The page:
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St. Louis Startups Could Use Strategic Financial Coaching to Improve Success Rates


Startup funds, investmentStartups have a failure rate of 92%. Tara Kinney, CEO of Atomic Revenue, a firm that counsels startups on how to generate revenue, says that many St. Louis startups lack the financial sophistication to help their companies become part of the 8% of successes.

“Compared to other startup communities I’ve worked in, startups in St. Louis have difficulty tying management decisions to financials,” says Kinney. “This contributes to slow revenue growth and a low number of exits within the St. Louis startup community.  As a result, investors aren’t getting a return on their investment, and while they wait for return of capital from initial investments, they are reluctant or unable to invest in other promising startups within the growing ecosystem.”

The Brown Smith Wallace Startup team recently sat down with Tara Kinney, CEO of Atomic Revenue, to discuss the startup ecosystem and the financial constraints facing local startups. Too often, says Kinney, startups don’t focus on the one aspect of their business that will make it easier for them to raise funds—generating revenue. Here are three areas where startups can get tripped up:

1. Being afraid, or unwilling, to give up equity for capital.

“Owning a smaller piece of something big and successful is better than owning 100% of something that’s not successful,” says Kinney. “Founders need to do what’s in the best interest of their venture so it can grow and generate revenue.”

2. Seeking outside investment before your startup is ready.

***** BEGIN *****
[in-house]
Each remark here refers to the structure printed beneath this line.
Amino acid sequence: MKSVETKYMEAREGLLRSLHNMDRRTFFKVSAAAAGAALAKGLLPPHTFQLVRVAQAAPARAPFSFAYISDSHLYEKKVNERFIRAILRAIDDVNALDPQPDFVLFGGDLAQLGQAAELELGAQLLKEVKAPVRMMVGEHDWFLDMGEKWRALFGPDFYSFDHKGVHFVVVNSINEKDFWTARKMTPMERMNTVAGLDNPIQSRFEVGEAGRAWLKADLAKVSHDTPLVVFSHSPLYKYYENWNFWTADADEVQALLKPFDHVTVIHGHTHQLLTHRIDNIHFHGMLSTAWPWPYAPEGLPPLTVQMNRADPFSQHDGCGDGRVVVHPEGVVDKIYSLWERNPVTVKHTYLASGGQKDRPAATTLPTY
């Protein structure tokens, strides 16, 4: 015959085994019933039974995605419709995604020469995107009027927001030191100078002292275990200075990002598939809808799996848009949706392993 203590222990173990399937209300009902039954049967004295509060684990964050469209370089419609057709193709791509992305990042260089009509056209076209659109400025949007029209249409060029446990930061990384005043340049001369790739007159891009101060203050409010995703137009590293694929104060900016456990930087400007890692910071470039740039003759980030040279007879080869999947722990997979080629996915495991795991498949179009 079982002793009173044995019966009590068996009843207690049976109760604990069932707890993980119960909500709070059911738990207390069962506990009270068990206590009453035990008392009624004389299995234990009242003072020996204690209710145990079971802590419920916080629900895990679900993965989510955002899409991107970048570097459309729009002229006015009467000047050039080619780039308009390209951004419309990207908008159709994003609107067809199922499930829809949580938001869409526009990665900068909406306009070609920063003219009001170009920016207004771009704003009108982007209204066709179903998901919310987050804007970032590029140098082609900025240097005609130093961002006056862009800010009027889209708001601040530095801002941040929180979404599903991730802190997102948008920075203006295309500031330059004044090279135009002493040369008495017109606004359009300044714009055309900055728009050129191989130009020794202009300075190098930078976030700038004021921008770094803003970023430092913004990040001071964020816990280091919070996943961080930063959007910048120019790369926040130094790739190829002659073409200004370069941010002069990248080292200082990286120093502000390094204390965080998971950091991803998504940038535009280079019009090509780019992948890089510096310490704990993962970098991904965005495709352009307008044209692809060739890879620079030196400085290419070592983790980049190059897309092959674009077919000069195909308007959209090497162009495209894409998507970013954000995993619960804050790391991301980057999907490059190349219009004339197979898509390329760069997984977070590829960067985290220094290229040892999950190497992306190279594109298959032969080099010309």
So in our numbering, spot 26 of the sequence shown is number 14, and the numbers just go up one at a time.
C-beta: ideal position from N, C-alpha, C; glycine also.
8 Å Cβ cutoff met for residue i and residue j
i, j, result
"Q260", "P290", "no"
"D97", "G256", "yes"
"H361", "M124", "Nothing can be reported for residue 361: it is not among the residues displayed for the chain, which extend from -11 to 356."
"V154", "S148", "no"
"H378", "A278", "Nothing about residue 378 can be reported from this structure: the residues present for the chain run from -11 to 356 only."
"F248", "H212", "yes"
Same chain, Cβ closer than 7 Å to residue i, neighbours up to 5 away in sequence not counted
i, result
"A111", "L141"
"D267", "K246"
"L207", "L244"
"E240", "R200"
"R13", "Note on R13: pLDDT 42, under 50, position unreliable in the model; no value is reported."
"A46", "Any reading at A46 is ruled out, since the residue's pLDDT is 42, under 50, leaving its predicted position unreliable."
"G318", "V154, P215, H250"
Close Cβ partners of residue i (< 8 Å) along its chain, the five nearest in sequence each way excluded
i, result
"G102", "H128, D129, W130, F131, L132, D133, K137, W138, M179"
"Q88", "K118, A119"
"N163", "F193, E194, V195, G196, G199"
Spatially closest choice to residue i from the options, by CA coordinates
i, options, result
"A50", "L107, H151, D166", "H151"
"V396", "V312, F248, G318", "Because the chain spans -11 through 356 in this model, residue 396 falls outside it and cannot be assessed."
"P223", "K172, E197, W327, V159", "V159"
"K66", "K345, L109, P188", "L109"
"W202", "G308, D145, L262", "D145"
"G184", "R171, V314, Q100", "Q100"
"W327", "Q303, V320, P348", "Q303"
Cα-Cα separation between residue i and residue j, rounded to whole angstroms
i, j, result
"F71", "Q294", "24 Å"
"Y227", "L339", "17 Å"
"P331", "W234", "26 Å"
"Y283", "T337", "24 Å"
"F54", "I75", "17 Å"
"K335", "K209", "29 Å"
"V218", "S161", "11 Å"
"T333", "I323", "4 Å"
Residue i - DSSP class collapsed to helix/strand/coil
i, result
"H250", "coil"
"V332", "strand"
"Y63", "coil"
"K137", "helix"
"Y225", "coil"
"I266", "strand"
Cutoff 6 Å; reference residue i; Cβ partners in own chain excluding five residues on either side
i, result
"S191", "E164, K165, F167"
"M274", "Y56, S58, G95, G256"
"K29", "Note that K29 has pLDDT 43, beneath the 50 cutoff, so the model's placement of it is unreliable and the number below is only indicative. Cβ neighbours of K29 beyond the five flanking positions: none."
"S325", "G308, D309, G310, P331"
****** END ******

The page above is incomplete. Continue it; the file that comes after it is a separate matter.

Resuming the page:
Bootstrapping your startup until you’re ready to ask for significant investment isn’t a bad idea, says Kinney. “When you’re ready to go to investors, make sure you ask for enough money. If you don’t ask for enough, you run the risk of not being taken seriously. Asking for ‘change’ gives the perception you aren’t running a ‘real’ business.”

Bryan Graiff, Partner in Charge, Transaction Advisory and Litigation Support Services at Brown Smith Wallace, concurs. “It’s critical to have a sound business plan with financial projections that the assumptions and growth rates have been vetted by a respected transaction advisor.”

3. Not having a plan for spending investment dollars.

“It’s critical that startups have a plan to spend their money on the right things to minimize burn rate and increase revenue potential,” says Kinney. Cathy Goldsticker, Tax Partner and Startup Industry Group Practice Leader, agrees that this is sound advice for startups. “Any funds a company has left over at the end of the year may create a tax liability. Sitting on a surplus of cash at the end of the year can be avoided if the startup has a plan in place to strategically spend and invest those funds throughout the year.”

To develop a strategy to raise funds and generate revenue for your startup, contact:
Cathy Goldsticker, PartnerBryan A. Graiff, CPA/CGMA, CVA, CFE, CM&AACathy Goldsticker, Tax Partner and Startup Industry Group Practice Leader, at 314.983.1274 or


Bryan Graiff, Partner in Charge, Transaction Advisory and Litigation Support Services, at 314.983.1390 or



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